On July 4, 1946, the Philippines was officially declared independent and inaugurated Manuel Roxas as the first president of the (3rd) Republic of the Philippines. July 4 was celebrated in the Philippines as Independence Day until 1962. Diosdado Macapagal, President of the Philippines in 1962, had formed an opinion when he was a congressman that July 4 was not the proper Independence Day for Filipinos and should be changed to June 12—the date General Emilio Aquinaldo proclaimed the independence of Filipinos in Kawit, Cavite, in 1898. The opportunity to do this came when the US House of Representatives rejected the US$73 million additional war payment bill on May 9, 1962. Noting that there was indignation about this among Filipinos, President Macapagal on 12 May issued Presidential Proclamation No. 28, declaring June 12 as Philippine independence day. On August 4, 1964, Republic Act No. 4164 was approved, echoing this proclamation and amending the Revised Administrative Code to reflect it.
Nu’ain Bin Abdulhaqq, an official of the Moro Islamic Liberation Front (MILF), contends that celebrating June 12, 1898 (a date earlier than the December 10, 1898 signing date of the Treaty of Paris) as the date of Philippine independence provides the pretext for Moro independence.
When the date of Independence Day was changed from July 4 to June 12 by President Diosdado Macapagal, he created the Filipino-American Friendship Day to maintain the diplomatic and bilateral relationship of the Philippines to United States. It was celebrated from 1963 until President Corazon Aquino issued a Presidential proclamation removing this Filipino-American Friendship Day from the list of regular holidays. For the year of 1996, President In 1995, President Fidel Ramos created a National Executive Committee on the Commemoration of the 50th Anniversary of the Philippine-American Friendship Day.
Ninoy Aquino Day
The Philippines observes the death of prominent Marcos opponent Benigno S. "Ninoy" Aquino, Jr. on this day. After three years of exile in the United States, Aquino made the journey home only to meet an assassin's bullet at the Manila airport that now bears his name in 1983. It is created by the enactment of Republic Act No. 9256 on February 25, 2004 during the 18th anniversary of the first EDSA Revolution.
National Heroes Day
The Philippines, on this day, commemorates the celebration of the national heroes. National Heroes day falls every last Monday of August. It is a regular holiday in the Philippines remembering the Cry of Pugad Lawin by Filipino Revolutionary forces called the Katipunan led by its leader (Supremo) Andres Bonifacio. It is now observed every 4th Monday of August.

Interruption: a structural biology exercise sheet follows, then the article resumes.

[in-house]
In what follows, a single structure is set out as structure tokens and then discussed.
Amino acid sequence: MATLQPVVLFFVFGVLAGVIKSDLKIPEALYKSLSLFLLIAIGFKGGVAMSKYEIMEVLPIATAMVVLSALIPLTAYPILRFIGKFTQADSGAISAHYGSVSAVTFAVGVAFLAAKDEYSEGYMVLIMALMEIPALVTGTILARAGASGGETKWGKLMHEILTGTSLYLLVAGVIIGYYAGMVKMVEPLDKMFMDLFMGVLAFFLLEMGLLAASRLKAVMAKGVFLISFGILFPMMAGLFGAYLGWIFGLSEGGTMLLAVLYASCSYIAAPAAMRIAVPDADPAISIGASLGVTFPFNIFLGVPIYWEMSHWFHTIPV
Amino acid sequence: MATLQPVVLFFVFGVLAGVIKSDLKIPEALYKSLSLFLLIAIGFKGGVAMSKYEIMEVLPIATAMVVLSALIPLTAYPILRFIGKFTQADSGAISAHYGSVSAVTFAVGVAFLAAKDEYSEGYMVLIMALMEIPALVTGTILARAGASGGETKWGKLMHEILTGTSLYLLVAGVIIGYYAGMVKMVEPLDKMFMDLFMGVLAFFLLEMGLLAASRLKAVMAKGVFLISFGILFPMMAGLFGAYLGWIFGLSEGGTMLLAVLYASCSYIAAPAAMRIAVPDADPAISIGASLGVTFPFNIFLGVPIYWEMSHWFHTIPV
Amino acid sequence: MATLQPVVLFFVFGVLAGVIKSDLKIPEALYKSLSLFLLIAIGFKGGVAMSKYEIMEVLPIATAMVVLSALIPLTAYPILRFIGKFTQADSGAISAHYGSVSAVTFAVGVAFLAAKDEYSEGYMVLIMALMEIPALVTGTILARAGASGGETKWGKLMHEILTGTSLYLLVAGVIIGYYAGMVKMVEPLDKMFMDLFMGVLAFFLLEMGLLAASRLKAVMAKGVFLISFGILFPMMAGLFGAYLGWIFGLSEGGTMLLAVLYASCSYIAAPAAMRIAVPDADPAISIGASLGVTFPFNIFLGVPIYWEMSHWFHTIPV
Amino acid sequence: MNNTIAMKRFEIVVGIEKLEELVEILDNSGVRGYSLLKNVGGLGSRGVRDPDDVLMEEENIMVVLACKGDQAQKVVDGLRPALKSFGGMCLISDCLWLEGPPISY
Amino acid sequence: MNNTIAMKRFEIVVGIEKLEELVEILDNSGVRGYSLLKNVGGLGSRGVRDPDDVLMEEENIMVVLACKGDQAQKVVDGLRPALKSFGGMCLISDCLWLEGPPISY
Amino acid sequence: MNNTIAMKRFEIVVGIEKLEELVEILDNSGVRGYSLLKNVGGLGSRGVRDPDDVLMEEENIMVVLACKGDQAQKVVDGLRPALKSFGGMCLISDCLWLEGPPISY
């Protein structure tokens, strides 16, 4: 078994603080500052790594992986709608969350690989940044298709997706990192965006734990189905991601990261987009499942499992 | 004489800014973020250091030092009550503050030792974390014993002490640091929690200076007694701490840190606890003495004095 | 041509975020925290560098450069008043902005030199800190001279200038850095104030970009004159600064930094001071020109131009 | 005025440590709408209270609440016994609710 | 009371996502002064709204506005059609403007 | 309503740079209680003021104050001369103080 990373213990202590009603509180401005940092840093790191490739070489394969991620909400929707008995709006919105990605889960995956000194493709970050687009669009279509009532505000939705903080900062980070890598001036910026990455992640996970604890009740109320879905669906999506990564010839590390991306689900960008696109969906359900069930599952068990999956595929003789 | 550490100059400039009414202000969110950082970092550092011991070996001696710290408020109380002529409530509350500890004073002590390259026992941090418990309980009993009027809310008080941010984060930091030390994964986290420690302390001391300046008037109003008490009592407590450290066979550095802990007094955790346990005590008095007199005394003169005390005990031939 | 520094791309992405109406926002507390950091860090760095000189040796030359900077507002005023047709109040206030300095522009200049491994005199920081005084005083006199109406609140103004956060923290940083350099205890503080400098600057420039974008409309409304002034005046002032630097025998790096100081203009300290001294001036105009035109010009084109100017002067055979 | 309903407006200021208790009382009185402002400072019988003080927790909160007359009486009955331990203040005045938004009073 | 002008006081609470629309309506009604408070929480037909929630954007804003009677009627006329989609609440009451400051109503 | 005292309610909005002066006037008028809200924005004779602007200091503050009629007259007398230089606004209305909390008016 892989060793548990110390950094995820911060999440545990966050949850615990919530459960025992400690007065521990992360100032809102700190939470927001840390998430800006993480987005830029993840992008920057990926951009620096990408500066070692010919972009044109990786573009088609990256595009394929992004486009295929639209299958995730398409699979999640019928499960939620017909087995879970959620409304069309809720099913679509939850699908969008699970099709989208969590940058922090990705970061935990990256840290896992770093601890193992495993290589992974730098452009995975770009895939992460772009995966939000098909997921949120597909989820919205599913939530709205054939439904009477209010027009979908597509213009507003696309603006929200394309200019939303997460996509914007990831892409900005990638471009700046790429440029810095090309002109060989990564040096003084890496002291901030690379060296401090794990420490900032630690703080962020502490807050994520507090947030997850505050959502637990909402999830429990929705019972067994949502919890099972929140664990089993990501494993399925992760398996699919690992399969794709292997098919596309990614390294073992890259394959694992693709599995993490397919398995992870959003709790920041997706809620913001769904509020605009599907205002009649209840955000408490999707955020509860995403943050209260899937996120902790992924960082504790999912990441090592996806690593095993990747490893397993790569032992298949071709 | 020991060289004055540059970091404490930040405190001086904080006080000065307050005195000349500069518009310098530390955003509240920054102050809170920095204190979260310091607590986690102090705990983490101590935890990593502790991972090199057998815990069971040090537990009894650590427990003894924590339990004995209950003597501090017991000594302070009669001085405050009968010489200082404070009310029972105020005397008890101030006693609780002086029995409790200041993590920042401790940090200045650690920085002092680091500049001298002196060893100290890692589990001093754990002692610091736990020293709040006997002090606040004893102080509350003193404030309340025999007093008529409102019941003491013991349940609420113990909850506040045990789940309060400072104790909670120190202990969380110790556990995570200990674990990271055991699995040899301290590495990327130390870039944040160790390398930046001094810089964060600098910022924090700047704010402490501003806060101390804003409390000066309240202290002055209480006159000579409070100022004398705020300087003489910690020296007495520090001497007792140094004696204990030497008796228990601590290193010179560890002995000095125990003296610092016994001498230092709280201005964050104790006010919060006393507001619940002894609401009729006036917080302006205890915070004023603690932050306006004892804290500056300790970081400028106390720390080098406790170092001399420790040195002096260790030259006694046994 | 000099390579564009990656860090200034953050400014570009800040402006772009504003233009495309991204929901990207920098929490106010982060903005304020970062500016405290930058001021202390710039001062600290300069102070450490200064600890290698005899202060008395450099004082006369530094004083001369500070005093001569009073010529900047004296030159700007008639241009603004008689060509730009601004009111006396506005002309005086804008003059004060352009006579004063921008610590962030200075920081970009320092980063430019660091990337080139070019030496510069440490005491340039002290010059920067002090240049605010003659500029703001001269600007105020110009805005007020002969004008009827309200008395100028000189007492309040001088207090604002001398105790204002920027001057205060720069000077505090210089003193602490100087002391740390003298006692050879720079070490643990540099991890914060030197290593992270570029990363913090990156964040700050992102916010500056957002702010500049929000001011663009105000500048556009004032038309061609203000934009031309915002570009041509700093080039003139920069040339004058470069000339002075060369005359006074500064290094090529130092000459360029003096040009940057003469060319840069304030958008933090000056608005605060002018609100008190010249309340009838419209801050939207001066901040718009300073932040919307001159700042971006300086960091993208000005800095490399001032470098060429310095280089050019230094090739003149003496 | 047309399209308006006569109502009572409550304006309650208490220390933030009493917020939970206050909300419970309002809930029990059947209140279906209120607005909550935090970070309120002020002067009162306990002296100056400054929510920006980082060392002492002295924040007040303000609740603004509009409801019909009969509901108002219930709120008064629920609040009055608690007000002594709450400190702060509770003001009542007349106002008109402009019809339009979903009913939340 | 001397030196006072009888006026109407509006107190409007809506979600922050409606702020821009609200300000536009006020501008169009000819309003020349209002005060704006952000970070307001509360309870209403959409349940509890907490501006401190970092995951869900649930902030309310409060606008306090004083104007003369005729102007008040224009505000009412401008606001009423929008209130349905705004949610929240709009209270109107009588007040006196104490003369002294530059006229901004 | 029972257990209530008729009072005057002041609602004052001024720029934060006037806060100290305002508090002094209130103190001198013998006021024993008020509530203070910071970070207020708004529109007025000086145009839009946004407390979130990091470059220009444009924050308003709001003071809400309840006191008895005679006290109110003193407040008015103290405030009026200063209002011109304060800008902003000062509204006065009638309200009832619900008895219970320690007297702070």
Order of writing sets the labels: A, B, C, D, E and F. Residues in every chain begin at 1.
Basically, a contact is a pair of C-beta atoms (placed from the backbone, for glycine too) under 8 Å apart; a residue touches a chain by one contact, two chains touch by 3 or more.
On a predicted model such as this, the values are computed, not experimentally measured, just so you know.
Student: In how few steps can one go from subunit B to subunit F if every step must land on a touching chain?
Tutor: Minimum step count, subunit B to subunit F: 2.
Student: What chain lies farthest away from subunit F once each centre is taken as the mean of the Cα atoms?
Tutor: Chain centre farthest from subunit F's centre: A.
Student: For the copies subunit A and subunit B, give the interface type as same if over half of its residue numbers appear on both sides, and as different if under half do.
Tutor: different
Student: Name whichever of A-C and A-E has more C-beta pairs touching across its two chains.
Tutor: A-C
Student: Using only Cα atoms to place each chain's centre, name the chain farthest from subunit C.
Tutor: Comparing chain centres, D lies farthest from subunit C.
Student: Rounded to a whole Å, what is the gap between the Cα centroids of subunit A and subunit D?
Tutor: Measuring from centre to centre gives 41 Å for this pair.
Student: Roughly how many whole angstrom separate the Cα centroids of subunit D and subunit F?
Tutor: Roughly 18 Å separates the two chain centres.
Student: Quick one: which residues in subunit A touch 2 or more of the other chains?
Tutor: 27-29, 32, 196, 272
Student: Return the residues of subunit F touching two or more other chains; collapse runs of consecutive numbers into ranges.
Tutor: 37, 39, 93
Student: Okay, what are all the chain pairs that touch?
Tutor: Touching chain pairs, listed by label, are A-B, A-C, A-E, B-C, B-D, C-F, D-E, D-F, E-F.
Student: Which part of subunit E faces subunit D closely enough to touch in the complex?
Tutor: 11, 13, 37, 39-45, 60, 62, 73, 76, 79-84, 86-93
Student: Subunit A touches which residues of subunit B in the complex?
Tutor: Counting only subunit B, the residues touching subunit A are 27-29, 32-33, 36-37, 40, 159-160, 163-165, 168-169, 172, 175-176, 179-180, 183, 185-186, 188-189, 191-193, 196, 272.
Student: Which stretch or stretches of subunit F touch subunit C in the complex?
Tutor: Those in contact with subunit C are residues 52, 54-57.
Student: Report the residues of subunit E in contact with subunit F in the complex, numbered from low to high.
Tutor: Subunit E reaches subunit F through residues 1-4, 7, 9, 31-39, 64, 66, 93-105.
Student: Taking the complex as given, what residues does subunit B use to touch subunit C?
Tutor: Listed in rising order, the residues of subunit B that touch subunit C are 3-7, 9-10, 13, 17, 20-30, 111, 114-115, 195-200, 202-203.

Todos Los Santos (All Saints Day)
Also known as Undas, All Saints Day in the Philippines is observed in remembrance of the dead. Families return to their respective provinces to clean and repair the tombs of their deceased loved ones and to pray for them. This day is used to be a regular holiday in the Philippines but was changed to a non-working holiday through an Executive Order issued by President Gloria Macapagal-Arroyo.
The first day of Shawwal, the tenth month of the Islamic calendar, is declared a national holiday for the observance of Eid ul-Fitr, or the Feast of Breaking the Fast (of Ramadhan, the ninth month). It was created by virtue of Republic Act No. 9177 and signed on November 13, 2002. The law was enacted in deference to the Filipino Muslim community and to promote peace among the major religions in the Philippines.
The first observance of Eid ul-Fitr was celebrated on December 6, 2002; this date occurs about 11 days earlier every year in the Gregorian calendar. Therefore, this makes it a movable holiday in accordance with the Islamic calendar. Many non-Muslim Filipinos are still unfamiliar to the new holiday, and many calendars printed in the Philippines still have not listed this holiday.
Andres Bonifacio Day
On November 30, 1863, Bonifacio was born to Santiago Bonifacio and Catalina de Castro. His given name, Andres, comes from Saint Andrew, whose feast day falls on this day. Bonifacio Day every year on November 30, a date that is sometimes confused with National Heroes Day.
Bonifacio Day is also odd, because heroes—like saints—are often remembered more for their death than their birth. Philippine national hero Jose Rizal's birthday, June 19, is a holiday in Laguna province, and the date of his execution, December 30, is a national holiday known as Rizal Day.
Bonifacio is remembered on his birthday, rather than the date of his death, May 10, 1897, for historical reasons. Unlike Rizal who was executed by the enemy, and other heroes who died in battle, Bonifacio was executed by fellow Filipinos. This was done on the orders of the first President, Gen. Emilio Aguinaldo, since he was considered an enemy of the state, after the occurrences at the Tejeros convention.
The Filipino Christmas celebration period is one of, if not the, longest in the world, stretching from even as early as September until the first week of January. Parols, along with other decorations, are set up for the holidays. The Christmas season, therefore, is one of the holidays that Filipinos hold dear.
Christmas Eve in the Philippines is one of the traditions that most families celebrate. It is a night without sleep and a continuous celebration moving right into Christmas Day. As December 24 dawns, the last Mass of Misa de Gallo is attended then preparation begins for the Noche Buena (literally "Good Night" from Spanish) , which is a family feast that takes place after midnight.